- a theory that there is more than one basic substance or principle.Compare dualism (def. 2), monism (def. 1a).
- a theory that reality consists of two or more independent elements.
- the holding by one person of two or more offices at the same time.
- plurality (def. 7a).
OTHER WORDS FROM pluralismplu·ral·ist, noun, adjectiveplu·ral·is·tic [ploor-uh-lis-tik], /ˌplʊər əˈlɪs tɪk/, adjective
How to use pluralism in a sentence
But a democratic, pluralist Egypt is a safer neighbor in the long term than one held together by barbed wire and policemen.Why Egypt Is Too Big to Fail|Rep. Jane Harman|June 14, 2013|DAILY BEAST
Theocratic democracies balance official religions with democratic institutions and pluralist practices.How To Build A Theocratic Democracy|Janice Stein|November 1, 2012|DAILY BEAST
Instead of fostering a pluralist Zionist conversation, they largely promote a limited set of views.Australia's Disneyfied Israel|Liam Getreu|October 31, 2012|DAILY BEAST
He held several other preferments, but we forgive him for being a notable pluralist because he made such good use of his money.
They set him before us not only as a landowner in five different counties, but also as the first great pluralist.
After the manner of that age—which Gerald lived to denounce—he soon became a pluralist.The Itinerary of Archbishop Baldwin through Wales|Giraldus Cambrensis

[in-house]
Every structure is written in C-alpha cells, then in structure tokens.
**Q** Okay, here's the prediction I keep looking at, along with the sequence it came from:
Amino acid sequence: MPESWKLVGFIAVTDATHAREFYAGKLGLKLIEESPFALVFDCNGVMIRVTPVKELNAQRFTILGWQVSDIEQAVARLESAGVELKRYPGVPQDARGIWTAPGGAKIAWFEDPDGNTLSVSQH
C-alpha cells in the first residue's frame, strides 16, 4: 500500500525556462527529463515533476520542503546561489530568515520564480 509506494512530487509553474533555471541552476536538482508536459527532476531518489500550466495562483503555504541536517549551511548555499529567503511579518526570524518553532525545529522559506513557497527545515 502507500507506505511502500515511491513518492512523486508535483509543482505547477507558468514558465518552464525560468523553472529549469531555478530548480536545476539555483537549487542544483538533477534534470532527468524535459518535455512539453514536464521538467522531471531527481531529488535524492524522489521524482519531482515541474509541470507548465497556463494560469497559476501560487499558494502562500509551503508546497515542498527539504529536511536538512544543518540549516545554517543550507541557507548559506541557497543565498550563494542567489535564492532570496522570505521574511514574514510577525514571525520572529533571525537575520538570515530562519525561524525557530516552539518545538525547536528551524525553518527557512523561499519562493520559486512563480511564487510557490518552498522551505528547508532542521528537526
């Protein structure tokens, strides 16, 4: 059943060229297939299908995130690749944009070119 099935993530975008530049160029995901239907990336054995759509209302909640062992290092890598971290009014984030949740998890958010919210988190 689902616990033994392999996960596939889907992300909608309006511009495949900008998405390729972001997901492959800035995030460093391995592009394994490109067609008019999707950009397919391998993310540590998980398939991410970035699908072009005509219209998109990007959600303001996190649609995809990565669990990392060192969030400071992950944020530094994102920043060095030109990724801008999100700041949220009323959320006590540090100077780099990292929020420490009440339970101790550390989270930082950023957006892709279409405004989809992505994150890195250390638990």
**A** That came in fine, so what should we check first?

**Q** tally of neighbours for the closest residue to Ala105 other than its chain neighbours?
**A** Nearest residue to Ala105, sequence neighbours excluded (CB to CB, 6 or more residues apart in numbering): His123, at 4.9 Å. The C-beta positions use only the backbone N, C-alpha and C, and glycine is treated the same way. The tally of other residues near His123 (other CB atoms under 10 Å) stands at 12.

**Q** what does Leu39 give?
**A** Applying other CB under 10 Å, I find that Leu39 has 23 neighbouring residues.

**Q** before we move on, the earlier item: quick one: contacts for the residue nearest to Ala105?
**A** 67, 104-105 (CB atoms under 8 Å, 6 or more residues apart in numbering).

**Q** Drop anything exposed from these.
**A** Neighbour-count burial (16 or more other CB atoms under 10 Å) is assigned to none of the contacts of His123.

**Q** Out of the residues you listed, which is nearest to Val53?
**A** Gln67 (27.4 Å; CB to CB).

I guess in that sense at least, women are the same everywhere—Pluralist or Onist, it doesn't matter.
I could maintain their pace, of course: but I'm a Pluralist.
British Dictionary definitions for pluralism
- the metaphysical doctrine that reality consists of more than two basic types of substanceCompare monism (def. 2), dualism (def. 2)
- the metaphysical doctrine that reality consists of independent entities rather than one unchanging wholeCompare monism (def. 2), absolutism (def. 2b)
Derived forms of pluralismpluralist, noun, adjectivepluralistic, adjective
Cultural definitions for pluralism
A conviction that various religious, ethnic, racial, and political groups should be allowed to thrive in a single society. In metaphysics, pluralism can also mean an alternative to dualism and monism. A pluralist asserts that there are more than two kinds of principles, whereas the dualist maintains there are only two and a monist only one.